Nanoramic Laboratories (“Nanoramic”) today announced that GM Ventures, the venture capital arm of General Motors Co. (NYSE GM), has made a strategic investment in a leading energy storage and advanced materials company, Nanoramic. The collaboration focuses on joint development and application of Nanoramic’s proprietary Neocarbonix® at the Core electrode technology for EV lithium-ion batteries, which targets improvements in EV battery cost, efficiency, and sustainability.
⛏️🔋 GM Leads $50 Million Funding Round in EnergyX to Unlock U.S.-Based Lithium Supply for Rapidly Scaling EV Production
Energy Exploration Technologies Inc. (“EnergyX”) and General Motors Co. (NYSE: GM) today announced that GM Ventures is leading a $50 million Series B financing round in EnergyX, and has entered into a strategic agreement to develop EnergyX’s lithium extraction and refinery technology. The collaboration is focused on unlocking the North American supply of lithium, a critical material for EV batteries, by using EnergyX’s innovative process to maximize efficiency while improving sustainability for GM’s rapidly scaling EV production.
EnergyX’s direct lithium extraction (DLE) technology portfolio can make lithium metal directly from brine and potentially in anode-ready form for EV batteries, which enables more cost effective and sustainable lithium recovery to unlock a vast lithium supply chain in North America that may otherwise be unviable.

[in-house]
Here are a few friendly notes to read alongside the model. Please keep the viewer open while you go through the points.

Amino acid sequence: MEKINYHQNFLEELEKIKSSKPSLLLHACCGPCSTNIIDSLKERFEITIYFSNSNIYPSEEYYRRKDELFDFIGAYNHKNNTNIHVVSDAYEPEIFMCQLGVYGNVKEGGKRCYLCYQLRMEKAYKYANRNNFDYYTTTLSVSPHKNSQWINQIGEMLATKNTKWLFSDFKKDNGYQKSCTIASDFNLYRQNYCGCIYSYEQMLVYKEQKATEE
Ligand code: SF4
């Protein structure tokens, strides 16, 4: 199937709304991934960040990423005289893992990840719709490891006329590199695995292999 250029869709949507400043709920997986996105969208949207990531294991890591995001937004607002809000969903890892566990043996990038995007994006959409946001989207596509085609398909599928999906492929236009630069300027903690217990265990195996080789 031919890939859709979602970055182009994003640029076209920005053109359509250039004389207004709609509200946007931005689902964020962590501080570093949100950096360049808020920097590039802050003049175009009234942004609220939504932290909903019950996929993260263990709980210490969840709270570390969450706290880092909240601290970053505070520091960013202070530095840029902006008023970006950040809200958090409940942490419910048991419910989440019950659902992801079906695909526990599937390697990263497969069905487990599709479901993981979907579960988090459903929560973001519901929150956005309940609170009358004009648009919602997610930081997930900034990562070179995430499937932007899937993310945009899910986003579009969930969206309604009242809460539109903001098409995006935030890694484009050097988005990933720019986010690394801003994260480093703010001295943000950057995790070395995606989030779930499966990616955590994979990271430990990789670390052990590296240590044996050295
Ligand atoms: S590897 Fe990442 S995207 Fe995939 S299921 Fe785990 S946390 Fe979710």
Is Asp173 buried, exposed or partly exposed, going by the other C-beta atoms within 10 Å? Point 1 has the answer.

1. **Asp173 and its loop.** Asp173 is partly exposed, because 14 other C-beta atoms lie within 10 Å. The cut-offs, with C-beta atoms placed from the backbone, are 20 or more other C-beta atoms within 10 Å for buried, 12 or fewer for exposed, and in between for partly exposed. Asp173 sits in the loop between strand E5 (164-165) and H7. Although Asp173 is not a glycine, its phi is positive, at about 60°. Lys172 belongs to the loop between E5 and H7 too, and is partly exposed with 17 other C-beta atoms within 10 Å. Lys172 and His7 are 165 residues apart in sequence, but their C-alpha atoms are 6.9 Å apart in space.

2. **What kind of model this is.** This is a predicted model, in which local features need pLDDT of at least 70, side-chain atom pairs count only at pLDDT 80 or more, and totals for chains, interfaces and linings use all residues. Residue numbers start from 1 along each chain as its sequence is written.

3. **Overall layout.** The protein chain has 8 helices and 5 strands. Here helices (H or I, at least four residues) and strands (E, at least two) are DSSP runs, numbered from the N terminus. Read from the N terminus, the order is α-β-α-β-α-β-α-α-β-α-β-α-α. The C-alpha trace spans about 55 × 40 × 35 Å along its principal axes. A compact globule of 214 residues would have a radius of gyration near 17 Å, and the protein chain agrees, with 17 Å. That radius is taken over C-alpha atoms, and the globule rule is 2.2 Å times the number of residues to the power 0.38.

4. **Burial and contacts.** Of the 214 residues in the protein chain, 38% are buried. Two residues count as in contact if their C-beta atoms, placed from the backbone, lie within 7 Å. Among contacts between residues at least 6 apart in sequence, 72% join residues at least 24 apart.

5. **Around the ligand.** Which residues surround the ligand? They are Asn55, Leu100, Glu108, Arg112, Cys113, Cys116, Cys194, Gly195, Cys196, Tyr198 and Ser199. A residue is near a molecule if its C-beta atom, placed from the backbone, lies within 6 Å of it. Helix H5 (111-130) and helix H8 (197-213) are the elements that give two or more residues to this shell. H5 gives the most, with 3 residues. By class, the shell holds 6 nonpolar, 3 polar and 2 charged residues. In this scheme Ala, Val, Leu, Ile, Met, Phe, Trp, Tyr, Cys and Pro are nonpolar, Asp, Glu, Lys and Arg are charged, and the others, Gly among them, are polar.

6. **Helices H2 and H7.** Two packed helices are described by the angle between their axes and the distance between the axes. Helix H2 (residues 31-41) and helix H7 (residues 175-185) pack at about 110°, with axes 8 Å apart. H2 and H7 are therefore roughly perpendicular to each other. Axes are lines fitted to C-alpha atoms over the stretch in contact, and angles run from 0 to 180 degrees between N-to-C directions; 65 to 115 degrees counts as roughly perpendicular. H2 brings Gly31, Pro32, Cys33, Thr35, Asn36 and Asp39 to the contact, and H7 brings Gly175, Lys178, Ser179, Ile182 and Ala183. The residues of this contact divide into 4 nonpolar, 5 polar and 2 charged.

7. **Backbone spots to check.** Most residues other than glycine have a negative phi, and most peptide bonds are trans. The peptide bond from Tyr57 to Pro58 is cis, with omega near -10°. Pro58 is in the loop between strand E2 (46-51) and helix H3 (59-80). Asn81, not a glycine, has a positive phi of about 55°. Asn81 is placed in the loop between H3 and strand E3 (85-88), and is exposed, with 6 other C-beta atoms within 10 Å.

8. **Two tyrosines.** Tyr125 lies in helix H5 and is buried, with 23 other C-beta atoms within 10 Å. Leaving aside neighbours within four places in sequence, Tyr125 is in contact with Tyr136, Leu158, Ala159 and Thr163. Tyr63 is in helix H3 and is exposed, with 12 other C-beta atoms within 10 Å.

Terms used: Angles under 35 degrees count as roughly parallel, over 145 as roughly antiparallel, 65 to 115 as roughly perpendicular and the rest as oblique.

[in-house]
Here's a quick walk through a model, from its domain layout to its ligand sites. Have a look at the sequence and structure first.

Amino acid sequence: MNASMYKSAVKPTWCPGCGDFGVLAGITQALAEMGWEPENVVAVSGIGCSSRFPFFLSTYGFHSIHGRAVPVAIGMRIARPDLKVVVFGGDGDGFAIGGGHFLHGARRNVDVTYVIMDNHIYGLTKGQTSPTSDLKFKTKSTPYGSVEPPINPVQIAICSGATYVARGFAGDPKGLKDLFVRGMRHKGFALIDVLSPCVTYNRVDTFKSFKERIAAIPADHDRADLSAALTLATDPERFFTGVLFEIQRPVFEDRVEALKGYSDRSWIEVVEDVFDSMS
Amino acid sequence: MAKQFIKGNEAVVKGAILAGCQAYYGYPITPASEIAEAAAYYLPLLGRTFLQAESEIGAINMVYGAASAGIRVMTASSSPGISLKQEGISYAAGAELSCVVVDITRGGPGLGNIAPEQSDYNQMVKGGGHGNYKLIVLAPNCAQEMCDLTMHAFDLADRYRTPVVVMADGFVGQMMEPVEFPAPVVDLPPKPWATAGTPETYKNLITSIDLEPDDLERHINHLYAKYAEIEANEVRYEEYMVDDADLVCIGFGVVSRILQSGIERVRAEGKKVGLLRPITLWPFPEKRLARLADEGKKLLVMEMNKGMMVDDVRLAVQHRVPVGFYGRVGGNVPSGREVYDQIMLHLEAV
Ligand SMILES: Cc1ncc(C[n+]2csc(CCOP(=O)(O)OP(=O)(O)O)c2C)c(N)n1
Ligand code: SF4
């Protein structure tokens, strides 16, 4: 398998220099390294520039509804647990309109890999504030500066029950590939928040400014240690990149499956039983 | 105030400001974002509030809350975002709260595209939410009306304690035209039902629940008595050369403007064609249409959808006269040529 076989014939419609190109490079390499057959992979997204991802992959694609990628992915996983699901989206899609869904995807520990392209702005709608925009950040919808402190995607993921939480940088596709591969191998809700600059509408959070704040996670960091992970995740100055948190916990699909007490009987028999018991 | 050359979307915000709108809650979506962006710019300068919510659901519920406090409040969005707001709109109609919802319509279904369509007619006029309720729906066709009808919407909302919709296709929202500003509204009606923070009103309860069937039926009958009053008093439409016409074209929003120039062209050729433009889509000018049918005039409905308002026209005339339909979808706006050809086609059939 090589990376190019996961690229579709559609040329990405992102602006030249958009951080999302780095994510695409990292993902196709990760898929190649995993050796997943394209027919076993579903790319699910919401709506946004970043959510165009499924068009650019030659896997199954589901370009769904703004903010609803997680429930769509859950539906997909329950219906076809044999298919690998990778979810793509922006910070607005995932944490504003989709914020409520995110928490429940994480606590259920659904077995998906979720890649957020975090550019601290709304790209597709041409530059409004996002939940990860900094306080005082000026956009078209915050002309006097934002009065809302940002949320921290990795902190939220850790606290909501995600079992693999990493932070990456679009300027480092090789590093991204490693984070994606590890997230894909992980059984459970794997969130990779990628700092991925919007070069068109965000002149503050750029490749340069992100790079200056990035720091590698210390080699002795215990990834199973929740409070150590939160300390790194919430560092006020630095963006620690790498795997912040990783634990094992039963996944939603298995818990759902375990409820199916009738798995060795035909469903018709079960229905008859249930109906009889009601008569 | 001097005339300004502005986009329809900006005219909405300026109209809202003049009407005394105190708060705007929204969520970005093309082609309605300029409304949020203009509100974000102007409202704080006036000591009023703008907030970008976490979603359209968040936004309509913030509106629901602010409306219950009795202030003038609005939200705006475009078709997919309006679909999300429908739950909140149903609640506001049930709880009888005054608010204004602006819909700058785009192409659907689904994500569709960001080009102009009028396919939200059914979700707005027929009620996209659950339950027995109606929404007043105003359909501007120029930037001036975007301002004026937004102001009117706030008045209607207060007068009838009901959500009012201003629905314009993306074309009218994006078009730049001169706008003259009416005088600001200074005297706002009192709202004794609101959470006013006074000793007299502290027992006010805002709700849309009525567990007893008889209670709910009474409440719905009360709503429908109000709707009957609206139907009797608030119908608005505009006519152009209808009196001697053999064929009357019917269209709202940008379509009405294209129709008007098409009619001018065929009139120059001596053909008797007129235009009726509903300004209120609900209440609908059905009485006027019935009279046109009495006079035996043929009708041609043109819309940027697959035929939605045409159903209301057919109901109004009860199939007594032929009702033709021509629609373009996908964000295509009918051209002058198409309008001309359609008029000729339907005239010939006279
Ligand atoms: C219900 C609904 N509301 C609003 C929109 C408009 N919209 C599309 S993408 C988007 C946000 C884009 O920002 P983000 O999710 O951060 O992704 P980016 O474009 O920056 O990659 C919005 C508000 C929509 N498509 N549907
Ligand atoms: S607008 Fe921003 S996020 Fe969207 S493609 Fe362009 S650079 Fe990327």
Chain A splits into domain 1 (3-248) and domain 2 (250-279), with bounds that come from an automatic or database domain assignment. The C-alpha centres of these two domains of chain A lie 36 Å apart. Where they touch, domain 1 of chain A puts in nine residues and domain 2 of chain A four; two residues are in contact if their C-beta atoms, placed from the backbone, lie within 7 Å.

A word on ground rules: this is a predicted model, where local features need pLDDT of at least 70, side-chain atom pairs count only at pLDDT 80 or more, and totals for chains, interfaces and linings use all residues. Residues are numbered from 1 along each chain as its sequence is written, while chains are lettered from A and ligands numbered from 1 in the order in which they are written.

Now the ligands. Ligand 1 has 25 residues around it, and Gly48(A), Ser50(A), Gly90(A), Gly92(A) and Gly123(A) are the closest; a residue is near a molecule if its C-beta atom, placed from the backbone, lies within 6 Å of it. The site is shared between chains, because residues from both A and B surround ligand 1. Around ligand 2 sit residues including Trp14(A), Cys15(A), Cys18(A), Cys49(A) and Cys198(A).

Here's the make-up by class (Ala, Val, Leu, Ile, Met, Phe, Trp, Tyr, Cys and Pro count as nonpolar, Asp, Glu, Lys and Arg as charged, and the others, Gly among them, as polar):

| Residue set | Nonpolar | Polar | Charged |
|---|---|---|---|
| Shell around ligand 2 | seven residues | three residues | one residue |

U.S. Steel Signs Supply Agreement With General Motors For U.S.-Sourced Sustainable VerdeX Steel
United States Steel Corp. will supply General Motors \with its advanced and sustainable steel solution called verdeX steel. The steel is manufactured with up to 75 percent fewer emissions compared to traditional blast furnace production1, is made with up to 90 percent recycled content and is endlessly recyclable without degradation.
U.S. Steel’s verdeX steel will be manufactured at Big River Steel, a LEED Certified facility that also meets the ResponsibleSteel Standard site certification, along with a new advanced technology mill under construction in Osceola, Arkansas. The steel produced at the Big River Steel facility will begin shipping to GM manufacturing facilities starting this year.
🖥️🚙 General Motors signs deal with GlobalFoundries for exclusive U.S. semiconductor production
The chip manufacturer will establish dedicated production capacity exclusively for key auto suppliers of the Detroit automaker at its semiconductor facility in upstate New York, according to the companies. Caulfield said the exclusive production for GM is expected to take two to three years to really ramp up.
MycoWorks & General Motors